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Natural News announces recipients of the 2015 Media Fail Awards

Media Fail Awards

(NaturalNews) Where you get your news determines, to a large extent, what you ultimately end up believing about the world around you. If your favorite newspaper or cable news channel is sold out to pharmaceutical and vaccine interests, you're unlikely to get the honest truth about alternative medicine, for instance, or the prevalence of drug and vaccine injuries. The same goes for pro-war media groups that are constantly carrying on about false-flag terrorism in order to push an agenda of never-ending military intervention overseas.

Here at Natural News, our goal is to cut through all the lies by providing you with real news that often gets ignored or vilified by the corporate propaganda pushers. But we also want our readers to be aware of which media sources are guilty of actively spreading disinformation and propaganda so they can avoid them, which is why we've put together the 2015 Media Fail Awards highlighting the most biased, pseudo-journalistic fake news sources that publish lies meant to deceive and mislead the public.

1) Forbes. For being one of America's top business and finance news outlets, Forbes sure does have a strange obsession with pushing biotechnology. Former Forbes.com writer Jon Entine made quite a name for himself in independent media circles after he published a series of articles attacking natural health protocols and endorsing genetically modified organisms (GMOs), in which he made the following absurd statements:

"[T]here is not one published study that suggests that GM soy products are any less nutritious than alternatives; nor are they, or any approved GMO food, harmful in any way," Entine wrote in a 2014 critique of a Consumer Reports analysis that found fault with soy milk and other alternative milk products.

"In fact, it's well established that organic products... are more likely to have a higher risk of pathogen contamination," he added.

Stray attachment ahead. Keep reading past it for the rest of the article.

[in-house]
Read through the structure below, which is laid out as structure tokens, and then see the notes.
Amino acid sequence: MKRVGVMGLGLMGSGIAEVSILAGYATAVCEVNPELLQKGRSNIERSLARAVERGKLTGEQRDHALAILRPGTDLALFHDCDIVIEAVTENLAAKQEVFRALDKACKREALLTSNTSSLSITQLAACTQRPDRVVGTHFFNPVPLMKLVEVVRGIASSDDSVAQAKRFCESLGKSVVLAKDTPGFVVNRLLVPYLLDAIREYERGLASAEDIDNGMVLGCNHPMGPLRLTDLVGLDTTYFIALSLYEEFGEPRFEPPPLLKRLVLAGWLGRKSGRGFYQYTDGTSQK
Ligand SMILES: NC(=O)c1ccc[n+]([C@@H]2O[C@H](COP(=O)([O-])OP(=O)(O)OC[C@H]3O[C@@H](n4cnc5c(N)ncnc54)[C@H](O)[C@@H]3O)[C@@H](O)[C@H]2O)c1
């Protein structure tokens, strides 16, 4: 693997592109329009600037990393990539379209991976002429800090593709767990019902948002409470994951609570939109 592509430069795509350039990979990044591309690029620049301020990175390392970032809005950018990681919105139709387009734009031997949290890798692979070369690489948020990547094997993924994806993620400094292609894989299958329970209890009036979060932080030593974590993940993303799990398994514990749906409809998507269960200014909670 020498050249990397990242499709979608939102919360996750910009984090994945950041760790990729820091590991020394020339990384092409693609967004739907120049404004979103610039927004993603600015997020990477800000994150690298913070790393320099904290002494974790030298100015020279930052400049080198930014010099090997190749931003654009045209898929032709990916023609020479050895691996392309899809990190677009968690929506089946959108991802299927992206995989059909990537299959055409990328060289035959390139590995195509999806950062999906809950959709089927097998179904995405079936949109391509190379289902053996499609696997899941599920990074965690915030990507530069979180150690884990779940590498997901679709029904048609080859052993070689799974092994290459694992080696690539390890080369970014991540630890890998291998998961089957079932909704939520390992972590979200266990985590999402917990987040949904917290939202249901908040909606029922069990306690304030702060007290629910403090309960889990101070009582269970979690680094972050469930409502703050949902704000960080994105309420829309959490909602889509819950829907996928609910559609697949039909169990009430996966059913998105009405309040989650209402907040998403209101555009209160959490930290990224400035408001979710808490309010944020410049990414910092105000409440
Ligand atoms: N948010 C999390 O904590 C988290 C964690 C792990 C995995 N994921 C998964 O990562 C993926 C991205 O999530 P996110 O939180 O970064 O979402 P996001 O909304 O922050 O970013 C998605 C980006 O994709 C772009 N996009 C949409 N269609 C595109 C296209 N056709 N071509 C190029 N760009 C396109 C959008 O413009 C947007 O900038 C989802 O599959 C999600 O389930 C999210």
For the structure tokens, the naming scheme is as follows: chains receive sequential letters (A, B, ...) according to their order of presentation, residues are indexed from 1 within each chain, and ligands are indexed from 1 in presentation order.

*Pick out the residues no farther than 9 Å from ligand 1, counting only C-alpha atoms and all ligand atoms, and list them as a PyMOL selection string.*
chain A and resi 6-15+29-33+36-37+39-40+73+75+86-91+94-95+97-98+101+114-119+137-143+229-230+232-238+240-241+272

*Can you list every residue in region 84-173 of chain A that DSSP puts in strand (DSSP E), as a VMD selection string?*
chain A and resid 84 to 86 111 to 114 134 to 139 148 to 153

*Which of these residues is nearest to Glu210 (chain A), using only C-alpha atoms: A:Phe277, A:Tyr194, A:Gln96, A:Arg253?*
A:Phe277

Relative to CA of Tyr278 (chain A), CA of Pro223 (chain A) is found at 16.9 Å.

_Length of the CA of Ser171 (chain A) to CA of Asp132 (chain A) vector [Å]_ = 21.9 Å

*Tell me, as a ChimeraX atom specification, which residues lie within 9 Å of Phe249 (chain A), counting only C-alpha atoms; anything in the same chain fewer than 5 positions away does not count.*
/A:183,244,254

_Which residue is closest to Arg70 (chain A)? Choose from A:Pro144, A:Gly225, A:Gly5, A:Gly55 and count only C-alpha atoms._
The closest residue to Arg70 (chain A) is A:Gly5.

Except for the fact that studies like this one,[PDF] this one and this one prove that Entine is a liar.[PDF]

In 2015, Forbes.com published a propaganda piece by Monsanto Regulatory Policy Lead Dr. Ray Dobert claiming that GMOs have "not had a single documented instance of harm to human or animal health."

2) Slate. This Washington Post-affiliated Big Ag rag published a number of articles in 2015 praising Planned Parenthood for illegally selling aborted human baby parts, chastising Dr. Mehmet Oz for trying to help people heal naturally and falsely accusing those who have concerns about GMO safety of being non-thinkers.

Slate shill writer William Saletan wrote the following back in July, outrageously insinuating that organic food is somehow more dangerous than GMOs:

"[I]f you look at illness or direct fatalities... you can make a better case against organic food than against GMOs."

Mark Joseph Stern also wrote that same month that Planned Parenthood's illegal trafficking of aborted baby body parts is "deeply commendable."

3) The Washington Post. When healthy fast casual food chain Chipotle decided to convert its entire menu to non-GMO ingredients, The Washington Post went on a verbal rampage, claiming that the Colorado-based company is contradicting science and putting people's health at risk by offering them food items grown the way nature intended.